Good news! The current version of "Connect" supports both PPTX and PDF in a Share pod. Since you can convert pretty much any file type to PDF, you can now upload and share it live or make it available on-demand in a meeting room. When you share a PDF you can flip though multiple pages, zoom in/out, move around within a magnified document, rotate, and even initiate a Whiteboard session using the file as a backdrop.
Every navigation option you choose within the shared PDF will be synchronized on attendees’ screens. What’s even better is that you can "unsynch" the file and attendees can interact with it independently on their computers. They even have the option to download the PDF locally to their computer. One last thing – the PDF files you share will not only maintain visual fidelity, but also preserve any web hyperlinks that were added.
The lesson plans on the Adobe Digital School Collection teacher resources web page have been updated to include sample project assets and technical guides for the new release of Adobe Photoshop Elements 8 and Adobe Premiere Elements 8. There is also a new resource page tailored for Adobe Photoshop Elements 8 and netbooks. Finally, the Adobe Education SE team is hard at work creating video tutorials taking you through some of the lesson plans/projects. These can be found on Adobe TV.
In case you missed it, last week we announced the updates to the Elements "twins" Photoshop Elements 8 and Premiere Elements 8, you can read more about it on Adobe.com (link to the Elements site).
However, that’s not what we here at the Adobe Education Blog wanted to tell you about. We were given the opportunity to help to launch them by recording some Adobe TV (link to Adobe TV) episodes that also premiered on the same day.
K-12 school districts across the United States and internationally are embracing the Adobe Digital School Collection as their solution for providing students with a foundational set of digital communication skills for the 21st century workplace. Many of these deployments can require installing the five included applications across hundreds, even thousands of machines. The Adobe Education Technologies blog has compiled a list of helpful resources for school IT personnel:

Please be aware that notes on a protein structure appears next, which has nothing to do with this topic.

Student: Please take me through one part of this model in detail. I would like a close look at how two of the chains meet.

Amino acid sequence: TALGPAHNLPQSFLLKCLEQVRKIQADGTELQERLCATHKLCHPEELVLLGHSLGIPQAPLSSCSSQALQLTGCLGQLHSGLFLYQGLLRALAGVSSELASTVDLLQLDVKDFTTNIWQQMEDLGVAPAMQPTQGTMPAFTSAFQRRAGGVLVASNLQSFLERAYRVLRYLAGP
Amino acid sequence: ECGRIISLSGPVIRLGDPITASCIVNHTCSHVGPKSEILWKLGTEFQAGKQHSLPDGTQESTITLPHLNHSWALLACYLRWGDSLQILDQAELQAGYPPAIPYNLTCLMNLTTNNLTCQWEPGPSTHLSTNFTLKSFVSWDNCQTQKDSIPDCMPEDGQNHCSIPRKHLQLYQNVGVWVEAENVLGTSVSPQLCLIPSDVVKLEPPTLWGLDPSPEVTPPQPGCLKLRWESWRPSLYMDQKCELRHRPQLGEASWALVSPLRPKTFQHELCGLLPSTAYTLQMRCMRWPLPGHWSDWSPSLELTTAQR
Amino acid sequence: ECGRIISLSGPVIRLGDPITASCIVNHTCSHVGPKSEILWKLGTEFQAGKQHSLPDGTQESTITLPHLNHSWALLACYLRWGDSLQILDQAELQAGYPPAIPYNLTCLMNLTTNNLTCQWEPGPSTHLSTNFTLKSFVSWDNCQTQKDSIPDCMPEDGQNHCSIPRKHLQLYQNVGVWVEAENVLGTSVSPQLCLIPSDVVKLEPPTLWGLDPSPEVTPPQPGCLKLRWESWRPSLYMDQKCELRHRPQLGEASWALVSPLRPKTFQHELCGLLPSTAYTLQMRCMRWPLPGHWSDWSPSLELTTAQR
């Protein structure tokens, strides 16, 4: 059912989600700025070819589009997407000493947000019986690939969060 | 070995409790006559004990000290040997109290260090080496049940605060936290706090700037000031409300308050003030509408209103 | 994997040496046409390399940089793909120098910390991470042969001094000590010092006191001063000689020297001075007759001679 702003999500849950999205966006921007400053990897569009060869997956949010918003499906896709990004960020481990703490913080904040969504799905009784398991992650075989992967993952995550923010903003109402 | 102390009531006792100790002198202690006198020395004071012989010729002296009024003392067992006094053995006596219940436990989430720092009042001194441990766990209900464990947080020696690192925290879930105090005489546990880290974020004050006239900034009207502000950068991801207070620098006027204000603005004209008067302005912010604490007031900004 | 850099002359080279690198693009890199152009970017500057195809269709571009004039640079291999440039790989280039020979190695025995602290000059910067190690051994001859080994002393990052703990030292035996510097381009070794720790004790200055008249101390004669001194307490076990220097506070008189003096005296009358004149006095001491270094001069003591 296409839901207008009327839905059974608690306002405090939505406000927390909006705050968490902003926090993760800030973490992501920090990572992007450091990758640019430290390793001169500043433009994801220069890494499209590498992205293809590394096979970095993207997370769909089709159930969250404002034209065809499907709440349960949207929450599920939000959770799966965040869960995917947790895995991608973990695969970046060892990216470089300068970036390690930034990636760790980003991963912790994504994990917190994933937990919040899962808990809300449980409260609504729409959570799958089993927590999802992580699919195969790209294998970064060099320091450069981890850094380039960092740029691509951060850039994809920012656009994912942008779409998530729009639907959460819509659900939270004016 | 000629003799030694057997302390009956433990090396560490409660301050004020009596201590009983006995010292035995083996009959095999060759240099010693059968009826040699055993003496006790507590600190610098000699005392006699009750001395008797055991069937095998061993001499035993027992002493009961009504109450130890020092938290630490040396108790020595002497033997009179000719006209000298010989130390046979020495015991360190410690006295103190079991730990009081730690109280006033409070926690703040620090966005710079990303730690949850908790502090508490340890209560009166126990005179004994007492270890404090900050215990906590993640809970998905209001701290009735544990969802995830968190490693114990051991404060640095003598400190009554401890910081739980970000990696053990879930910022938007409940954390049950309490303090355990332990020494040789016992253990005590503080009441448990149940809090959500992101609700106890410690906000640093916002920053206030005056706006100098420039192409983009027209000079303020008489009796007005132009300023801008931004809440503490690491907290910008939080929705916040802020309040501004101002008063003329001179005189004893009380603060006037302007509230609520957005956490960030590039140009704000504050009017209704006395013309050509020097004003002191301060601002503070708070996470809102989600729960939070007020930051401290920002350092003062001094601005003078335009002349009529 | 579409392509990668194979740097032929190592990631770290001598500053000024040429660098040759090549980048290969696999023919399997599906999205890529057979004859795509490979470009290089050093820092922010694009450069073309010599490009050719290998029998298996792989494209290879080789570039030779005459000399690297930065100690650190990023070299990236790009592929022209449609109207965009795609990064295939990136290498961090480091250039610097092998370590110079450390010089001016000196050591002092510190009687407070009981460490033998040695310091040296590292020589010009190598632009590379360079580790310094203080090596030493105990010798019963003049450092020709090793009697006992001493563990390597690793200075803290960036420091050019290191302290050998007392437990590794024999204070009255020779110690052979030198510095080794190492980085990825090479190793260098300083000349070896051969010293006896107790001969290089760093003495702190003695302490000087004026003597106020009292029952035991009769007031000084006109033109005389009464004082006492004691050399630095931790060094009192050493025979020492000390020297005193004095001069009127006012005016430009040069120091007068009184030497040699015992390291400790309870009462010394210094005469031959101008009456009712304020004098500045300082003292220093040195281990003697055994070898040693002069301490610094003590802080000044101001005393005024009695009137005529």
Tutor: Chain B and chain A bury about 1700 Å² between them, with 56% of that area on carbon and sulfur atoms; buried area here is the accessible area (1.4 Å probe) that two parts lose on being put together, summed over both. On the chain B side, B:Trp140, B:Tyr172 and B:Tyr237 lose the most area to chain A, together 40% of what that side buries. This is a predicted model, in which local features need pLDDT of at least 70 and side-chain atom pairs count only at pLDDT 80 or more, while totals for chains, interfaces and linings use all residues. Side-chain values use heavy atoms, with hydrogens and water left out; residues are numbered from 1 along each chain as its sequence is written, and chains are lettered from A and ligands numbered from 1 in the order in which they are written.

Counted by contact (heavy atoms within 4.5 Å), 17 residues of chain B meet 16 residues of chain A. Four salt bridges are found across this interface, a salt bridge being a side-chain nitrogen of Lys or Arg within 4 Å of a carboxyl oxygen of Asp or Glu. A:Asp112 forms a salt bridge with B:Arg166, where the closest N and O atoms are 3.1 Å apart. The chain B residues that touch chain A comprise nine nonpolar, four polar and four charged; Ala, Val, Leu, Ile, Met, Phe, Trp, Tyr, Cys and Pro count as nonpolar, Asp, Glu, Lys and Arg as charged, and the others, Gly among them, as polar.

If you’ve never visited Adobe TV before or haven’t been back for awhile, I highly suggest checking it out. Adobe TV is your “one stop shop” for free Adobe tutorials, demos, tips & tricks, and general design inspiration. There are various channels which are comprised of different programs, each with multiple episodes (short videos) to choose from – most are less than 5 minutes in length.
Adobe Captivate 4 has a new feature called “Widgets” which are a collection of Flash-created SWF files that you can add to your projects. Captivate ships with a bunch of them, and one of them in particular—the Certificate widget—is pretty fun. With it, you can offer a certificate to someone who passes a quiz you have created. There is even a button to print the certificate so you can proudly display your certificate of completion. We here at the Adobe Education Technologies blog built one called the Certificator, and you can see it in action by clicking the following link (link to the certificator: http://se.adobe.acrobat.com/certficator/). To learn more about how this was created, grab the Captivate project files, and start learning how to create your own widgets, read on. . .
One of the goals of the Adobe Education Technologies blog is to provide access to Adobe resources in a concise form. Adobe.com has many great resources to help education IT departments deploy Adobe Creative Suite 4 across their enterprise, yet this information is not consolidated. So here you go:
Adobe Creative Suite Help and Support Home Page
Adobe Creative Suite Forums
Adobe Installation and Licensing Blog
Adobe Support Advisor
Adobe CS4 Deployment Toolkit and Guide
Adobe CS4 Enterprise Manual Deployment Guide